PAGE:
Power Supply Design Seminar

March 2024 | Several U.S. cities

Learn basic design principles, advanced power-supply concepts and "real-world" application examples

Attend an in-person Power Supply Design Seminar near you. 

Since its introduction in 1977, the Power Supply Design Seminar (PSDS) series has provided rich, technical and practical training combining new advanced power supply concepts, basic design principles and "real-world" application examples. Whether this seminar is used to gain fresh knowledge of power management, or as a review for those experienced in power supply design, the topics presented will be worthwhile for all levels of expertise.

Registration is open

Registration link
Hoffman Estates, IL (Chicago) 5 March 2024     Register
Seattle, WA 5 March 2024     Register
Livonia, MI (Detroit) 7 March 2024 Register
Denver, CO 7 March 2024 Register
Waltham, MA (Boston) 14 March 2024 Register
Santa Clara, CA 19 March 2024 Register
Irvine/Anaheim, CA 21 March 2024 Register
Details on location and timing can be found on the registration page.

Session agenda

Topic & description

GaN-optimized transition-mode power factor correction

This topic introduces a gallium nitride (GaN)-optimized power factor correction (PFC) topology and control methodology for high-performance, high-density and cost-effective PFC. Employing a new zero voltage detection circuit and algorithm enhances zero voltage switching and total harmonic distortion (THD) over the entire line cycle and load range. A 5kW prototype with a power density of 120W/in3 and a THD <6% serves as a proof of concept for demonstrating optimal control methods for startup, transient response and AC dropout.

Demystifying clearance and creepage distance for high-voltage end equipment

Achieving the highest possible power density while still maintaining safety and design guidelines requires more careful high-voltage printed circuit board spacing and integrated circuit package selection. This topic summarizes the considerations and provides a cheat sheet for popular end equipment, including telecommunication, server and wireless infrastructures; motor drives, solar inverters and charging piles; consumer AC/DC applications; and electric vehicles and hybrid electric vehicles.
Introduction to the trans-inductor voltage regulator (TLVR)

Introduced in 2019, the trans-inductor voltage regulator (TLVR) topology offers major transient response, power density and solution cost improvements (a >40% capacitor reduction for the design example reviewed in this topic) versus the traditional multiphase buck voltage regulator topology. This topic covers the operating principles of the TLVR topology, performance and cost improvements over traditional voltage regulators, design equations, and guidelines.

Phase-shifted full-bridge converter fundamentals

The phase-shifted full-bridge converter (PSFB) is common in high-performance power supplies with fast transient response, high power density and high converter efficiency. This topic reviews PSFB operation principles, characteristics of the PSFB, different types of rectifiers, clamp options, converter control modes, synchronous rectifier operation modes and light-load management options. A PSFB design based on the Modular Hardware System-Common Redundant Power Supply base specification demonstrates the ability of a PSFB – with an active clamp circuit – to achieve a high-power design with a high transient response.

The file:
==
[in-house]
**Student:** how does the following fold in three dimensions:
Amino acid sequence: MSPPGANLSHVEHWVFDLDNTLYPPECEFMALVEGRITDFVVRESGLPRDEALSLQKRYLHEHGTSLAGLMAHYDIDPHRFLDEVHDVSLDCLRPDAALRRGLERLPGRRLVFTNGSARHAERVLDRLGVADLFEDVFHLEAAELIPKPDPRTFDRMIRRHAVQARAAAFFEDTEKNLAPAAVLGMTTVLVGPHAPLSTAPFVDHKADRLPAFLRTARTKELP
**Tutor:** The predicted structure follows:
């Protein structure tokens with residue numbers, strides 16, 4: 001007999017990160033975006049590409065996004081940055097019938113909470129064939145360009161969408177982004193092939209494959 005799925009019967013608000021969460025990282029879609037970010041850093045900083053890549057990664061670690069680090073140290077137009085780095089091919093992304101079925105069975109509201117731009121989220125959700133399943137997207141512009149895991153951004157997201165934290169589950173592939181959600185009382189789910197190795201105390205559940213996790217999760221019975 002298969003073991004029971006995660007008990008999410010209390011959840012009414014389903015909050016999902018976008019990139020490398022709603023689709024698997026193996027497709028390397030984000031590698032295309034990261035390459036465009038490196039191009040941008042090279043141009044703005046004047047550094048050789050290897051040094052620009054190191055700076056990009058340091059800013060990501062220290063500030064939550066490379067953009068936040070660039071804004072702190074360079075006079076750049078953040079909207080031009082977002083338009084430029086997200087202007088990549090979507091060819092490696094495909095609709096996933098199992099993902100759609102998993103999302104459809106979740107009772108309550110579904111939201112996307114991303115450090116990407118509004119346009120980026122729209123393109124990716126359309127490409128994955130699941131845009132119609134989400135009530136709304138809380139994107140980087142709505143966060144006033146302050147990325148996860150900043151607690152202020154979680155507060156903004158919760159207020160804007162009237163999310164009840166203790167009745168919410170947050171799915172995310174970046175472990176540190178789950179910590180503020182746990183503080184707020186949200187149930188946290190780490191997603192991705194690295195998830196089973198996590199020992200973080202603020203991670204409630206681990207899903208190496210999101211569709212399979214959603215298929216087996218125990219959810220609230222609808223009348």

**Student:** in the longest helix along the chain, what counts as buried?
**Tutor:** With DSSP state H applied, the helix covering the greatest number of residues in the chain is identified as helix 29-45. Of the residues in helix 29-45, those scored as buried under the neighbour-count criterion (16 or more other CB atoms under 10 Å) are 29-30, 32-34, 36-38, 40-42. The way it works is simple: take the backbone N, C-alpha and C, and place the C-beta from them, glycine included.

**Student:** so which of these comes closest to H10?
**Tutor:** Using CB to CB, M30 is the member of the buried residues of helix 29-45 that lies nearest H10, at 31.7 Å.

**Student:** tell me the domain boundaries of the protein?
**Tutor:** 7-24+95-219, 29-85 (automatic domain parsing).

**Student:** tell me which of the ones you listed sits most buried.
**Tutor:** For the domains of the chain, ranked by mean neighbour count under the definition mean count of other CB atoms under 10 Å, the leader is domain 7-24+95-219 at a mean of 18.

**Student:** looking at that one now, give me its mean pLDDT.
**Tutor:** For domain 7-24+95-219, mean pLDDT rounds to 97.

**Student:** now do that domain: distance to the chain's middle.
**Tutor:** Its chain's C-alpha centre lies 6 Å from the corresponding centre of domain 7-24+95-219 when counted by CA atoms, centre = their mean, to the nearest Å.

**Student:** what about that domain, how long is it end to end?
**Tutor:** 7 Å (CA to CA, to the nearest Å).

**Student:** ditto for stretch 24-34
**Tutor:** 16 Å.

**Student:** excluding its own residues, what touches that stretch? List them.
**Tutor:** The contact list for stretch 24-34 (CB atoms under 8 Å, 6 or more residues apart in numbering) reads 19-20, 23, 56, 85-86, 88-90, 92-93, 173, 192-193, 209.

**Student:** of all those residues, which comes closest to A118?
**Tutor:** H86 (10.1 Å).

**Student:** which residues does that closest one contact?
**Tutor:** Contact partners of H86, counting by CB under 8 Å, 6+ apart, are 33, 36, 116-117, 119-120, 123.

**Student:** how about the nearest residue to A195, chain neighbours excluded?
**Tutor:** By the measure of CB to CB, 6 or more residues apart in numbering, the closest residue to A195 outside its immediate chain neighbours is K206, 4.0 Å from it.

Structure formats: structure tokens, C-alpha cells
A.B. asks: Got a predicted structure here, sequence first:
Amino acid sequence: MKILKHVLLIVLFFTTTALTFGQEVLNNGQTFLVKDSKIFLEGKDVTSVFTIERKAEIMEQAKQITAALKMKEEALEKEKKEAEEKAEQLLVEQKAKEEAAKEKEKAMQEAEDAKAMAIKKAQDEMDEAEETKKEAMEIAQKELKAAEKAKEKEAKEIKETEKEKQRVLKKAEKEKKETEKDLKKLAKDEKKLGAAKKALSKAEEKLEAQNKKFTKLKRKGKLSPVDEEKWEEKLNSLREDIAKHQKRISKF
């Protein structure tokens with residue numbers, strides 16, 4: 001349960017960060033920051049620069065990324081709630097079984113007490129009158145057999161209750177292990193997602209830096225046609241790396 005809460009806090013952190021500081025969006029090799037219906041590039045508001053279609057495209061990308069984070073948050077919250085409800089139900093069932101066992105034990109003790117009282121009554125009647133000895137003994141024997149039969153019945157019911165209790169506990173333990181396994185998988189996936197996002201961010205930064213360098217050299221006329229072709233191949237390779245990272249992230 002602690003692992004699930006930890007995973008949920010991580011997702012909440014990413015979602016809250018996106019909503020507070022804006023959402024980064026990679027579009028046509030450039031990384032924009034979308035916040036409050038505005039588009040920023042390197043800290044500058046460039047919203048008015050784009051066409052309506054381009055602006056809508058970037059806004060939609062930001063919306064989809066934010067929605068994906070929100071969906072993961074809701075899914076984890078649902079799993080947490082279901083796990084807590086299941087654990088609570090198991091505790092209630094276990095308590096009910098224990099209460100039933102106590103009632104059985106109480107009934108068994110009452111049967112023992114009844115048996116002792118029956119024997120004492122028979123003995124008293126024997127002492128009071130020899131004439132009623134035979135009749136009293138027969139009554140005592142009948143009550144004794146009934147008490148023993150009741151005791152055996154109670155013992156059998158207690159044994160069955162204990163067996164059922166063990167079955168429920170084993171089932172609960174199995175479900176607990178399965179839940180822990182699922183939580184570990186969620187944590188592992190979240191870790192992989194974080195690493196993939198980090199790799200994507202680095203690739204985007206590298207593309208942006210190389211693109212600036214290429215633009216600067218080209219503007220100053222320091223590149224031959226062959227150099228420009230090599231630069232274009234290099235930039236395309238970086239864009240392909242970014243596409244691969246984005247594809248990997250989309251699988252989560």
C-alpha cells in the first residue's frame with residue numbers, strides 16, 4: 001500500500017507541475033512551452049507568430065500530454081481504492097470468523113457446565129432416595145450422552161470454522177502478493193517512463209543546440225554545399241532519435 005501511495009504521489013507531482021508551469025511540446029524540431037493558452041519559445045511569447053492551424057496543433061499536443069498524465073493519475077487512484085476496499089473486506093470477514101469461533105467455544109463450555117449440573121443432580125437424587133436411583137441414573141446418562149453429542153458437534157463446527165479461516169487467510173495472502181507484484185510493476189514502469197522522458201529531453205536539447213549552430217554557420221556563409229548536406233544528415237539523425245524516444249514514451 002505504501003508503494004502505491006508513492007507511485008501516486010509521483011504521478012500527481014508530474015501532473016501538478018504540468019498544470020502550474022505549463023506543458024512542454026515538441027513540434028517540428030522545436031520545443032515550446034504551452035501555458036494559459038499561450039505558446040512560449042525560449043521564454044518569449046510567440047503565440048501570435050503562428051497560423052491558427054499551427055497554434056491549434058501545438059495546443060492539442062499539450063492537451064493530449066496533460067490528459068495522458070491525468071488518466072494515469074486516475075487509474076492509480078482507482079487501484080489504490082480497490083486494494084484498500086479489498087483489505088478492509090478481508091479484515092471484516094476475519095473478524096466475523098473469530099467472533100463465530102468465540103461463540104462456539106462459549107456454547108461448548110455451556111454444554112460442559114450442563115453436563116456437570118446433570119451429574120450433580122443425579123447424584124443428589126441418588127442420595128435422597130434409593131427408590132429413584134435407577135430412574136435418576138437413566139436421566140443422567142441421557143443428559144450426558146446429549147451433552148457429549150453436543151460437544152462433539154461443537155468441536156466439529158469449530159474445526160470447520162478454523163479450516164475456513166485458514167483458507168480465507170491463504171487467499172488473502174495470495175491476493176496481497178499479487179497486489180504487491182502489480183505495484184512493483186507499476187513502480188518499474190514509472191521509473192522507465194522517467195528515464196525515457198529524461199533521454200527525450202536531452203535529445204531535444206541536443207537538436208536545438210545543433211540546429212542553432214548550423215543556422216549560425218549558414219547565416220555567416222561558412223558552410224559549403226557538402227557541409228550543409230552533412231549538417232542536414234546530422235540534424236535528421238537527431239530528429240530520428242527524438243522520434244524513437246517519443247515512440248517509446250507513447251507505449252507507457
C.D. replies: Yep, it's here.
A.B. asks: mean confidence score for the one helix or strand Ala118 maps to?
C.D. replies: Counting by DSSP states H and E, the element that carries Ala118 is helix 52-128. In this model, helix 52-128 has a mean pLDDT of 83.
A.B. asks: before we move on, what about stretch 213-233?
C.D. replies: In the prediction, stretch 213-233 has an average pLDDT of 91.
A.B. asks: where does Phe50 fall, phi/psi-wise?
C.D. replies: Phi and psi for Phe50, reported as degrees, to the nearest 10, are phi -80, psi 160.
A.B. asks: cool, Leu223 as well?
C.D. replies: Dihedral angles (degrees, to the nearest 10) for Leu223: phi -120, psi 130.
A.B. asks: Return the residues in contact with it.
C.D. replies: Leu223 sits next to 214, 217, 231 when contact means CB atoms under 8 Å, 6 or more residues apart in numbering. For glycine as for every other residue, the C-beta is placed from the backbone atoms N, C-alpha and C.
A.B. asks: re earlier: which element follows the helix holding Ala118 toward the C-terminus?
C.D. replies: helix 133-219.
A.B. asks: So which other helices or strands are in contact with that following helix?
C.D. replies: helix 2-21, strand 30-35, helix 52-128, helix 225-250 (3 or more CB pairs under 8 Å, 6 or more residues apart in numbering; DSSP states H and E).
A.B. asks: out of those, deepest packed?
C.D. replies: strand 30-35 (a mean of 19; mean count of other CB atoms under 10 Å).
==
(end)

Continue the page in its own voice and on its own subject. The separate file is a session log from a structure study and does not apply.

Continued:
Tips, tricks and advanced applications of linear regulators

This topic explores some common tips and tricks to maximize the performance of low-dropout (LDO) regulators and covers how to improve noise, the power-supply rejection ratio, thermal dissipation and system efficiency. We will also discuss more complex topics such as parallel LDOs, including brand-new material on multiple-input-single-output LDO designs. This topic is valuable for anyone who is looking to maximize performance in their LDO designs or systems.
Creating a primary-side regulation flyback converter using a conventional boost controller

Primary-side regulation (PSR) regulation eliminates the need for optocoupler-based feedback by sensing the voltage across the primary or auxiliary winding, an approach that reduces system costs and enhances reliability. Flyback controllers featuring integrated advanced feedback circuitry specifically designed for primary-side sensing are broadly available, but it is also possible to achieve PSR-type feedback using standard boost controllers. Despite its apparent simplicity, this implementation has its own caveats. This topic explains these caveats and identifies areas where trade-offs become necessary, including a design example.
Comparing AC/DC power-conversion topologies for three-phase industrial systems

This topic compares two- and three-level AC/DC converters for three-phase industrial applications, focusing the analysis on two-level, T-type, active neutral point clamped (ANPC), neutral point clamped (NPC) and flying capacitor (FC) topologies. The evaluation includes system trade-offs such as efficiency, electromagnetic interference, operating principles, power switching selection and DC link capacitor stress, with a discussion of the impact on the bill of materials for the various topologies.

Power supply design seminars around the world

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